Vera's Backyard Pit Barbecue (Brownsville). Walsh doesn't mention Vera's in the text of his book. Vera's doesn't make his lists of joints at the end. The only clue is in the caption of the photo on the page before Chapter 9's text begins. I found an address for Vera's in the phonebook and decided to check it out. When I arrived, at 5:30 AM on a Sunday, the place was already quite busy. Cars were in the parking lot, as well as lined up at the drive-through. And the sign out front said, in Spanish, that the barbecoa was done in a pit with mesquite. Bingo! I went in and waited my turn. The cow heads are wrapped in foil and buried with coals in a brick-lined pit in a small building behind the restaurant. After their lengthy interment, they're exhumed and then stripped into component parts for sale up front. You can get cachete (cheek), lengua (tongue), jeta (lips), ojos (eyes), or paladar (palate) separately, or in a mixture of any of the above. I ordered a pound of cheek and some tortillas, then sat down to eat. The meat was very tender, but not at all in a “crock pot” way. Moist, but not at all mushy. Flavor was clean and direct, with smoky undertones. (I’m guessing the mild smokiness was a result of wrapping the heads in foil, instead of the more traditional maguey leaves, banana leaves, or burlap, all of which would allow greater smoke penetration.) Delicious stuff. Most cities' health codes prevent restaurants from doing barbacoa like this, according to Walsh. And the owner of Vera's, as well as several customers, confirmed that, to their knowledge, this is the only restaurant in Texas that still does barbacoa in the traditional fashion. (If any of you know of any other places that do it, please let me know.) Vera's is well worth a visit for anyone who happens to be in the Valley. You have to go on the weekend, though, and you have to go early, since--as with all good barbecue--once it's gone, it's gone.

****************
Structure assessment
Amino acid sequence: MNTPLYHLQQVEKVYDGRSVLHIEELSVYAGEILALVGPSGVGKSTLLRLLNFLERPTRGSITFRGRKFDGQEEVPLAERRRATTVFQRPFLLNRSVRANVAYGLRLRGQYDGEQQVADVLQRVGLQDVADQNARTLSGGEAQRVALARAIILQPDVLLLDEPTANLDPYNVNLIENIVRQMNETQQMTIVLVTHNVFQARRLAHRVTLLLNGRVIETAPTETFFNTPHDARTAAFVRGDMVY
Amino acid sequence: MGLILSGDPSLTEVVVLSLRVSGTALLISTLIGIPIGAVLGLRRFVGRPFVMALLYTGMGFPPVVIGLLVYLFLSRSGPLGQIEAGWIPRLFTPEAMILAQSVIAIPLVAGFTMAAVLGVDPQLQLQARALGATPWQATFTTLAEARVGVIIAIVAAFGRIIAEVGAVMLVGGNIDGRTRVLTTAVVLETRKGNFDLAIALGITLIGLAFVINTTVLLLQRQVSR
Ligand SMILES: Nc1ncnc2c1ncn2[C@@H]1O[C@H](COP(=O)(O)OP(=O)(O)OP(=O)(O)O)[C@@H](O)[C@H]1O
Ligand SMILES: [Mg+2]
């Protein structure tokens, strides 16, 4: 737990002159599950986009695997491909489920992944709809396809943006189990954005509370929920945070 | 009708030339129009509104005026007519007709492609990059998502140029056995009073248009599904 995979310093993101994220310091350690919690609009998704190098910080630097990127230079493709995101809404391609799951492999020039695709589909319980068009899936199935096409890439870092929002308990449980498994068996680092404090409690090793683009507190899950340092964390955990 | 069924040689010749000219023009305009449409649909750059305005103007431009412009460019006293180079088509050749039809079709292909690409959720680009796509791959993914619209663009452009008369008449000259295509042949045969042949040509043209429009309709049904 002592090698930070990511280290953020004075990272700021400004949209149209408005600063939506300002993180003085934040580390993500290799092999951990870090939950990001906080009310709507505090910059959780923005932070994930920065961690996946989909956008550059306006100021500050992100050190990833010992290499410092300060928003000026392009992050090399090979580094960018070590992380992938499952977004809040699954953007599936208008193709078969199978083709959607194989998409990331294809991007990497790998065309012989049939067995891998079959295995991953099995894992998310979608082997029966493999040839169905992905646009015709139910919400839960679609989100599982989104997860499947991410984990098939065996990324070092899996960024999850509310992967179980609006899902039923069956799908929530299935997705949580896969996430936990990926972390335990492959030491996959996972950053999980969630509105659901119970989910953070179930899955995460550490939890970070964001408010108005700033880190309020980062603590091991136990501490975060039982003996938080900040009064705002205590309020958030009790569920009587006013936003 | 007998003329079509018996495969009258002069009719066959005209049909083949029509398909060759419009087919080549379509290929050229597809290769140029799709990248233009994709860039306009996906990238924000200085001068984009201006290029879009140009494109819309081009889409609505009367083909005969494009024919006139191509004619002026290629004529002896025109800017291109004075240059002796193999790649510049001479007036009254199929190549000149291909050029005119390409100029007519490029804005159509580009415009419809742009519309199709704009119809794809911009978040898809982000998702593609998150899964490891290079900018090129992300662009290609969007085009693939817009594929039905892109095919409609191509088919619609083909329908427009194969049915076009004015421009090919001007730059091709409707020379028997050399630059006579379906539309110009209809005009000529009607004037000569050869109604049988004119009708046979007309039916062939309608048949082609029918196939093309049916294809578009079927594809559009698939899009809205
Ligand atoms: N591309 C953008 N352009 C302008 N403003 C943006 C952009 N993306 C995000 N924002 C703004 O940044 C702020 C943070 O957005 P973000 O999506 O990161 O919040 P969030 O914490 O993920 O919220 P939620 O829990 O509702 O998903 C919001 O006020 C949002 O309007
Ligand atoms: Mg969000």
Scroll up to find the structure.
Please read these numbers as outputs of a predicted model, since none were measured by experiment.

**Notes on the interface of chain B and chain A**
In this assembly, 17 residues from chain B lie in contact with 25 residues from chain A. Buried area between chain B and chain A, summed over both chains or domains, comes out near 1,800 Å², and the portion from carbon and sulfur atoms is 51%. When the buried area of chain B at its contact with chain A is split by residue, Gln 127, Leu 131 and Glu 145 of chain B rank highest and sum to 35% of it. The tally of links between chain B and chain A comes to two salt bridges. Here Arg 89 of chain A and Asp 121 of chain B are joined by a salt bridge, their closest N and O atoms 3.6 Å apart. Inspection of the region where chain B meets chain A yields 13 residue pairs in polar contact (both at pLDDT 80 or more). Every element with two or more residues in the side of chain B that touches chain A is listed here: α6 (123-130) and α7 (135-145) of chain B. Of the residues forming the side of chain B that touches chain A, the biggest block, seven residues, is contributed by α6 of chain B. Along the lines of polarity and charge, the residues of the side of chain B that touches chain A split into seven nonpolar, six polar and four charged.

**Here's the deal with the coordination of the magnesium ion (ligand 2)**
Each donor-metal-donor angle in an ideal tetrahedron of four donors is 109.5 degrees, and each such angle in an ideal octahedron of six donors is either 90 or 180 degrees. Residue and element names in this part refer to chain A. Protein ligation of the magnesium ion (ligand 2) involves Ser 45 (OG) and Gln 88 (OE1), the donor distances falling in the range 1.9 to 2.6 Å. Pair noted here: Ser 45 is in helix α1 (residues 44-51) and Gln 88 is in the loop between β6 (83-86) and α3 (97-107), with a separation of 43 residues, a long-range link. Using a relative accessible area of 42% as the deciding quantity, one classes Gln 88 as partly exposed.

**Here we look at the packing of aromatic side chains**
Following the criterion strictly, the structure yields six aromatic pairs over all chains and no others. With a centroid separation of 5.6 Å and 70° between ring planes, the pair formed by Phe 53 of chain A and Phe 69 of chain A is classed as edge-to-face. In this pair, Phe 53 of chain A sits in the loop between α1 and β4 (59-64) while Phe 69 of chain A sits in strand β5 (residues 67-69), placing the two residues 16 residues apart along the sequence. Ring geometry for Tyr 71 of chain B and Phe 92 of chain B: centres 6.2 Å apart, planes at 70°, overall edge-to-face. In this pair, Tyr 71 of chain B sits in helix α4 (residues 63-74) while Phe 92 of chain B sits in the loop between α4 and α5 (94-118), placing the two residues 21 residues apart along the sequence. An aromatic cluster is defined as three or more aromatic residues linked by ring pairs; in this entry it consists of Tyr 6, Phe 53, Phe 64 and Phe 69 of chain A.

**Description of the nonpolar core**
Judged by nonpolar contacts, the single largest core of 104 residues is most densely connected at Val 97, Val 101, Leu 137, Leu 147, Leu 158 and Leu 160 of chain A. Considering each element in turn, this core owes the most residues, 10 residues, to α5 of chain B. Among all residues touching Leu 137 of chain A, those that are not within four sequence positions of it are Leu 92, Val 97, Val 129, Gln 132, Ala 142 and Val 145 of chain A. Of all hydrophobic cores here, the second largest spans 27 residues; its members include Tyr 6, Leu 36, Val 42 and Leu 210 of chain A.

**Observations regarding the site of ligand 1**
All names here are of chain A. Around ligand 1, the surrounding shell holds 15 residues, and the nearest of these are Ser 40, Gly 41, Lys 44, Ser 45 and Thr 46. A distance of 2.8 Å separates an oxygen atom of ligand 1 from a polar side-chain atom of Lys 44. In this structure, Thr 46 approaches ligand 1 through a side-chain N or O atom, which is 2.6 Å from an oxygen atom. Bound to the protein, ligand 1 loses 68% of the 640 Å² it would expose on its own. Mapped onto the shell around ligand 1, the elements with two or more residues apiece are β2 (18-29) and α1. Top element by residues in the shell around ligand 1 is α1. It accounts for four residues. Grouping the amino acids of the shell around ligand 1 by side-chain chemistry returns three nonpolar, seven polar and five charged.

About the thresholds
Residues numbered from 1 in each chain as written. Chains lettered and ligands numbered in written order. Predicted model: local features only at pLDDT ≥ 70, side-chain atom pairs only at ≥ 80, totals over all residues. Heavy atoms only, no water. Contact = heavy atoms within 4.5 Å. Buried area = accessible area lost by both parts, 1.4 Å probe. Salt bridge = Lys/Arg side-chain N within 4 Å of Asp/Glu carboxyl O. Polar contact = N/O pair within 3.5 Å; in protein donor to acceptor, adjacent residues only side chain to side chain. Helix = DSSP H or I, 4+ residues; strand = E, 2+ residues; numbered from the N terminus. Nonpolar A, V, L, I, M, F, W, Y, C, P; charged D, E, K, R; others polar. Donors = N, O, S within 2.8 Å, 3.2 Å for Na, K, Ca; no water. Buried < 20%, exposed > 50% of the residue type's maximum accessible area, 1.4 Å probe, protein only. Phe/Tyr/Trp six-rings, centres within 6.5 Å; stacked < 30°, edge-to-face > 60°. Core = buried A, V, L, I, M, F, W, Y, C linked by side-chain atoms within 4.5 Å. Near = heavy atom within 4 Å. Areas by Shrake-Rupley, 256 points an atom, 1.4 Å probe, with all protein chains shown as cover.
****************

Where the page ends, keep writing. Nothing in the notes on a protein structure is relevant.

Black's (Lockhart). On the drive back to Dallas, I passed through a lot of towns where I would have liked to get some barbecue. But, as it was a Sunday, most were closed. Joe Cotton’s in Robstown: closed. Smolik’s in Cuero: closed. Gonzales Food Market in Gonzales: closed. City Market in Luling: closed. But, knowing that Black's is "open 8 days a week," I had my safety in Lockhart. I ordered a half pound of fatty brisket and one sausage ring. On my most recent prior visit to Black's, I'd found the brisket and sausage to be below their usual standards. Not so, on this day. The brisket was fantastic, moist, smoky, and flavorful. The sausage was smoky and densely packed. This was a fitting end to a weekend of good food.

More pics and details at the link below.

Scott

Link: http://www.dallasfood.org/modules.php?name=News&file=article&sid=20

Image: http://www.dallasfood.org/photos/lrgv...

  1. k
    Kirk Feb 10, 2005 09:18 PM

    I've avoided the Valley for years, but your report makes me want to pack up and head down there before it gets too warm. Thanks for your continuing tour de force, Scott.

    1. f
      Forrest A. Feb 26, 2005 11:15 AM

      Try Cotulla Pit BBQ in Laredo. Super cabrito, BBQ and breakfasts.

      1 Reply
      1. re: Forrest A.
        s
        Scott Feb 28, 2005 10:31 AM

        Forrest,

        I wish I'd gotten your recommendation a little sooner, as I was in Laredo last weekend. I'll check out Cotulla Pit BBQ next time I'm down there.

        Thanks.

        Scott